Central banks are finding it’s easier to push up stock and home prices than it is to prevent inflation from falling short of their targets.
The European Central Bank unexpectedly cut its benchmark interest rate to a record low in a bid to prevent slowing inflation from taking hold in a still- fragile euro-area economy.
Fidelity International’s Trevor Greetham said he’s been selling stocks over the past six months in anticipation of economic “difficulties” later this year.
The world economy is sliding into a “twilight zone,” trapped between outright expansion and renewed recession.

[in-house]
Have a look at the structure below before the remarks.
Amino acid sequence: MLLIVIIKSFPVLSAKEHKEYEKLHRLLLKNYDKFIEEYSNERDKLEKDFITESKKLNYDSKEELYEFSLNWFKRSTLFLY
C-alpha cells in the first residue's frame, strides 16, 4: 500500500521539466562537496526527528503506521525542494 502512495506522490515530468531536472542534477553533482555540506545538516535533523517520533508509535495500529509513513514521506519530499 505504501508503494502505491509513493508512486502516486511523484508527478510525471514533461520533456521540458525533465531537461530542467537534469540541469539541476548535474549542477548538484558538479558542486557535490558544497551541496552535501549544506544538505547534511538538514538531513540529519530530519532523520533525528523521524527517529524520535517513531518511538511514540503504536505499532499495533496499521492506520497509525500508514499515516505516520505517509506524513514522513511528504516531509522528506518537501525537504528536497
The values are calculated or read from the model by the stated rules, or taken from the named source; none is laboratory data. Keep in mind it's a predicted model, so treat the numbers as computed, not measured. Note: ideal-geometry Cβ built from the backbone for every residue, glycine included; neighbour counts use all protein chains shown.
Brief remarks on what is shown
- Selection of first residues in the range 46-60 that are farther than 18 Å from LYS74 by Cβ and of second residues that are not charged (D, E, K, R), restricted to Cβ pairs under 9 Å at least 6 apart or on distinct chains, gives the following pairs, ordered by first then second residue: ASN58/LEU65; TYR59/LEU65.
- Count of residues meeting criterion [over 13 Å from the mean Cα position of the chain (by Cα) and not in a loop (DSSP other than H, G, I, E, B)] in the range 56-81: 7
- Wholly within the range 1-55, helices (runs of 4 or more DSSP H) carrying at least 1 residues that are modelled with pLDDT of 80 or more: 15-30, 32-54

European central bankers broke new ground to protect their economies from a U.S.-led surge in bond yields, indicating they will keep benchmark interest rates low for longer than investors bet.
Euro-region stocks are missing this year’s global rally as four years of lockstep moves in markets break down amid diverging outlooks for economic growth.
Central bankers are taking a break rather than hitting the brake.
European Central Bank President Mario Draghi signaled he’d rather use interest rates than the printing press to bolster growth as the debt crisis drags the euro-area economy toward recession.
U.K. stocks closed little changed after Chancellor of the Exchequer George Osborne presented his annual budget to Parliament.
European stocks retreated after officials agreed to review the terms of Greece’s bailout and Standard & Poor’s downgraded the nation’s credit rating, reigniting concern about the sovereign-debt crisis.
"A sharp rise in inflation would change things, but there's not sign of it."
- Trevor Greetham on Nov 12, 2013